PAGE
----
Sedentary lifestyle, stressful work conditions and compromised diet are leading factors in precipitating heart disease risk among young work force in the age group of 30-44 in the country, a study has revealed.
The Saffola Life Study 2013, conducted by Marico Industries across 12 cities and covering more than 1.86 lakhs people across 30-100 age group, revealed a shocking large difference between the heart age and the chronological age beginning at 30 years with a noticeable peak observed in the 40s.
This meant that Young India's heart is ageing much faster.
The study on risk factors causing heart disease, revealed that 73 per cent males in the age group of 30-34 years and 76 per cent in 35-39 age group are at cardiovascular disease (CVD) risk and 85 per cent of males in the age group of 40-44 years are at risk.
Around 60 per cent of females in their 30s and 40s are shown to be at high risk.
"Sedentary lifestyle, stressful work conditions and compromised diet are leading factors in precipitating heart disease risk. This has affected the heart health of the young work force in the 30-44 age group," Asian Heart Hospital Senior Cardiologist Dr Akshay Mehta said.
Lifestyle factors have also contributed to increase in CVD risk that includes increase in consumption of fried and processed foods.
Among people who consume processed foods, 61 per cent belong to the 30-44 age group while among the people who consume fried foods 63 per cent belong to the 30-44 age group.
Supporting the findings, Niti Desai, Independent Health, Wellness and Fitness Professional, said, "Diet has undergone major changes depending on convenience. Preference for processed and preserved foods and fried foods has gone up noticeably. High dependence on the same and a menu devoid of vegetables, fruits and whole grains will only make people more vulnerable to CVD."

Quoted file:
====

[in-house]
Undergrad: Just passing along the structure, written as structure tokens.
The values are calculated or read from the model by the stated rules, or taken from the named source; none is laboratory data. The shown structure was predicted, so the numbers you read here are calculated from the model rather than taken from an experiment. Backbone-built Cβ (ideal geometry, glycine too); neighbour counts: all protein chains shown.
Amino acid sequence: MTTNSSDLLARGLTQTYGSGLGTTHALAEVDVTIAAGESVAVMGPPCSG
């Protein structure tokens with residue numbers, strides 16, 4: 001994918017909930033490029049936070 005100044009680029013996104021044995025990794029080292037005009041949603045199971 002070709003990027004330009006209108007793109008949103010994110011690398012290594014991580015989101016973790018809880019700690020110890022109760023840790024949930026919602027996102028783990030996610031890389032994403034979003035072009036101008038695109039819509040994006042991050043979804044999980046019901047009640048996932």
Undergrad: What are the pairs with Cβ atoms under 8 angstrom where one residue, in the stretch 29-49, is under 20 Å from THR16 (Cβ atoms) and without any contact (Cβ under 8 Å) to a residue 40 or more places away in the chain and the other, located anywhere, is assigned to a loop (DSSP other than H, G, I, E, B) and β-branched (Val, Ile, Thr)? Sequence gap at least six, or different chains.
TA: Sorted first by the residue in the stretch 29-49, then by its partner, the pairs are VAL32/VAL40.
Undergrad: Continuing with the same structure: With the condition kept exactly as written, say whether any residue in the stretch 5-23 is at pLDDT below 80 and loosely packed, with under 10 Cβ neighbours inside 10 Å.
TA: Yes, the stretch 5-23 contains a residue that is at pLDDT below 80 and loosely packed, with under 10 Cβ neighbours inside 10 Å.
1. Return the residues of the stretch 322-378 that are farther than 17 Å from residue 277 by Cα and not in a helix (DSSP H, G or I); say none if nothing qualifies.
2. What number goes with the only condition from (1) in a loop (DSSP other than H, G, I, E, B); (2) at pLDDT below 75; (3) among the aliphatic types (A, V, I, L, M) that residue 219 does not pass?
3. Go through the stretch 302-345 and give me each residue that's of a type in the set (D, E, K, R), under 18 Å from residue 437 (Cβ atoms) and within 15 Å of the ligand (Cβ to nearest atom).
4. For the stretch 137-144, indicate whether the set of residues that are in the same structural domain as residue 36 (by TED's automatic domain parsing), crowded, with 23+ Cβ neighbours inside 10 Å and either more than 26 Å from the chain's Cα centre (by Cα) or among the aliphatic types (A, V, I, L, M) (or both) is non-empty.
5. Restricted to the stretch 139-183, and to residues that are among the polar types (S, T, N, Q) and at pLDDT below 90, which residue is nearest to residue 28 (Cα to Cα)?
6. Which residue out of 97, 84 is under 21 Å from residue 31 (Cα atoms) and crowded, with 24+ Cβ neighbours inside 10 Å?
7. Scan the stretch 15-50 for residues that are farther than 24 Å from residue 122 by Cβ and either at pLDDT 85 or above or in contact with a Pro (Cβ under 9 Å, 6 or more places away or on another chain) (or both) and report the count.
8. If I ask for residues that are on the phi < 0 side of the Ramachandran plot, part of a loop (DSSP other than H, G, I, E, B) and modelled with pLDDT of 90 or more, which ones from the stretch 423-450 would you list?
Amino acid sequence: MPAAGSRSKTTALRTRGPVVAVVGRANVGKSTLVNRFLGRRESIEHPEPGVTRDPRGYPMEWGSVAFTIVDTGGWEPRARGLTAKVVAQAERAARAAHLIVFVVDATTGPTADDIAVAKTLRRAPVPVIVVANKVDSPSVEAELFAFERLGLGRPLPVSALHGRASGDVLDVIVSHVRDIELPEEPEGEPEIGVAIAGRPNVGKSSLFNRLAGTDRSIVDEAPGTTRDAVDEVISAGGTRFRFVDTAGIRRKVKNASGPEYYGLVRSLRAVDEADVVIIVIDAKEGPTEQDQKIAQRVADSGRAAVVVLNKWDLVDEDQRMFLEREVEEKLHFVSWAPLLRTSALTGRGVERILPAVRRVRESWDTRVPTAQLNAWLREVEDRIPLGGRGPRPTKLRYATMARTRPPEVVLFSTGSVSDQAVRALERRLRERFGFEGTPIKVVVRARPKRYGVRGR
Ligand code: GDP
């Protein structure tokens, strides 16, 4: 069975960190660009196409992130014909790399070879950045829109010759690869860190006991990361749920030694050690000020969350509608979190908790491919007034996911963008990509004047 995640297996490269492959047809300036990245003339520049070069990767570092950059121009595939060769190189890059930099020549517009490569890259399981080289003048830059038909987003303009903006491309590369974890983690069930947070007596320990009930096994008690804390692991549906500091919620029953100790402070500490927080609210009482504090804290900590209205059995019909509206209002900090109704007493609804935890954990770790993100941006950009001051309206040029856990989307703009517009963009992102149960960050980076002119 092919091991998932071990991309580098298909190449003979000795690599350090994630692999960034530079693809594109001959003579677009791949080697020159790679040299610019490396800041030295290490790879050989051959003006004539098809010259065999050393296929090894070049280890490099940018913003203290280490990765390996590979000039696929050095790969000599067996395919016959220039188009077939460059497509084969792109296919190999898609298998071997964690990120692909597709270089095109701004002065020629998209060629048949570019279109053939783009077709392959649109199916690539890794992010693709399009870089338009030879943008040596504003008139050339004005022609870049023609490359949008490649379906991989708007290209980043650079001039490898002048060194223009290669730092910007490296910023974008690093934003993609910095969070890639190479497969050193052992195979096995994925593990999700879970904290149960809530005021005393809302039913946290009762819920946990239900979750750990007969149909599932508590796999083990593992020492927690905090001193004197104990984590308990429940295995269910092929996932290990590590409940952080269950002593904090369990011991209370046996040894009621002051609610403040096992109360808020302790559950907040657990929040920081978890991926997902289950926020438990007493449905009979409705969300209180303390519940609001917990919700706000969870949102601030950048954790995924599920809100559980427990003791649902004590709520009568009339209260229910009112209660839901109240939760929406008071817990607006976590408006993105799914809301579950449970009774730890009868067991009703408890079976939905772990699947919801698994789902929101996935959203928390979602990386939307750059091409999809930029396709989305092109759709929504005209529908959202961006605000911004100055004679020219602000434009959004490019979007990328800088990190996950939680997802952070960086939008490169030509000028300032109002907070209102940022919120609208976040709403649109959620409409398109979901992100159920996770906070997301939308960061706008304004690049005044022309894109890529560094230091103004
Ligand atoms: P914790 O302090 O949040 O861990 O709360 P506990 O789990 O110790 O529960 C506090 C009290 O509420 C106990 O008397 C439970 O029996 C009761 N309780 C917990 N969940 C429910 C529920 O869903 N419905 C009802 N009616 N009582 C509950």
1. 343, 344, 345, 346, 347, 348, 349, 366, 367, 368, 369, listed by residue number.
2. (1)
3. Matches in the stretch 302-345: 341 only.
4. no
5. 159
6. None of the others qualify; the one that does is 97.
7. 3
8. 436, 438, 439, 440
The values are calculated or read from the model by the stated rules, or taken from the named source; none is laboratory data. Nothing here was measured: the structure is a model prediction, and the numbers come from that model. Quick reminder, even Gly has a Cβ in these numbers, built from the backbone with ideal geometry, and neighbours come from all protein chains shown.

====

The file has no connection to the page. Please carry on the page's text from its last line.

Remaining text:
When the study was conducted among 29,017 Mumbai respondents over a period of three years, it was revealed that 72 per cent of them had a high risk of contracting cardiovascular disease (CVD).
The study also revealed that 51 per cent of respondents in Mumbai had low levels of the heart protective HDL and 44 per cent reported to be consuming preserved/processed foods at least two times a week.
Mumbai was one of the cities with least number of respondents with diabetes at 12 per cent as compared to other metros.
The study revealed that 42 per cent of the Mumbai respondents also reported to consume fried foods at least two times in a week. Additionally, 71 per cent of them were guilty of consuming two or less servings of fibre rich whole grains in their diet.
When the physical activity of Mumbai participants was analysed, it emerged that a substantial 64 per cent of them exercised thrice a week or less. 10 per cent of the participants reported feeling drained four times a week or more.
The study also revealed that 54 per cent of Delhi and Chandigarh respondents were obese. Hyderabad and Chennai follow closely with 52 per cent and 51 per cent respondents respectively.
Nearly 6 per cent of Delhi and Chandigarh respondents were found to have high total cholesterol levels whereas Ahmedabad, Bangalore, Mumbai and Pune were reported to have 5 per cent respondents each with high total cholesterol levels.
The study stated that Chennai is the diabetes capital with 18 per cent Chennaites suffering from the condition.
Hyderabad closely followed with 17 per cent, Kolkata with 15 per cent and Bangalore with 15 per cent.
Mumbai, Pune and Chandigarh have the least proportion of participants with diabetes when compared to other metros at 12 per cent.
Among the preserved/processed food consumption, the study said Delhi NCR has the highest intake of preserved/processed foods per week, with 45 per cent consuming the same followed by 44 per cent from Mumbai and 43 per cent from Bangalore at least twice a week.
Delhi NCR emerged as the fried food capital with 49 per cent of the respondents admitting to enjoy fried foods at least two times in a week, Chandigarh follows with 45 per cent of respondents consuming fried foods at least twice a week.
Mumbai, Pune and Kolkata reported 42, 38 and 40 per cent respectively.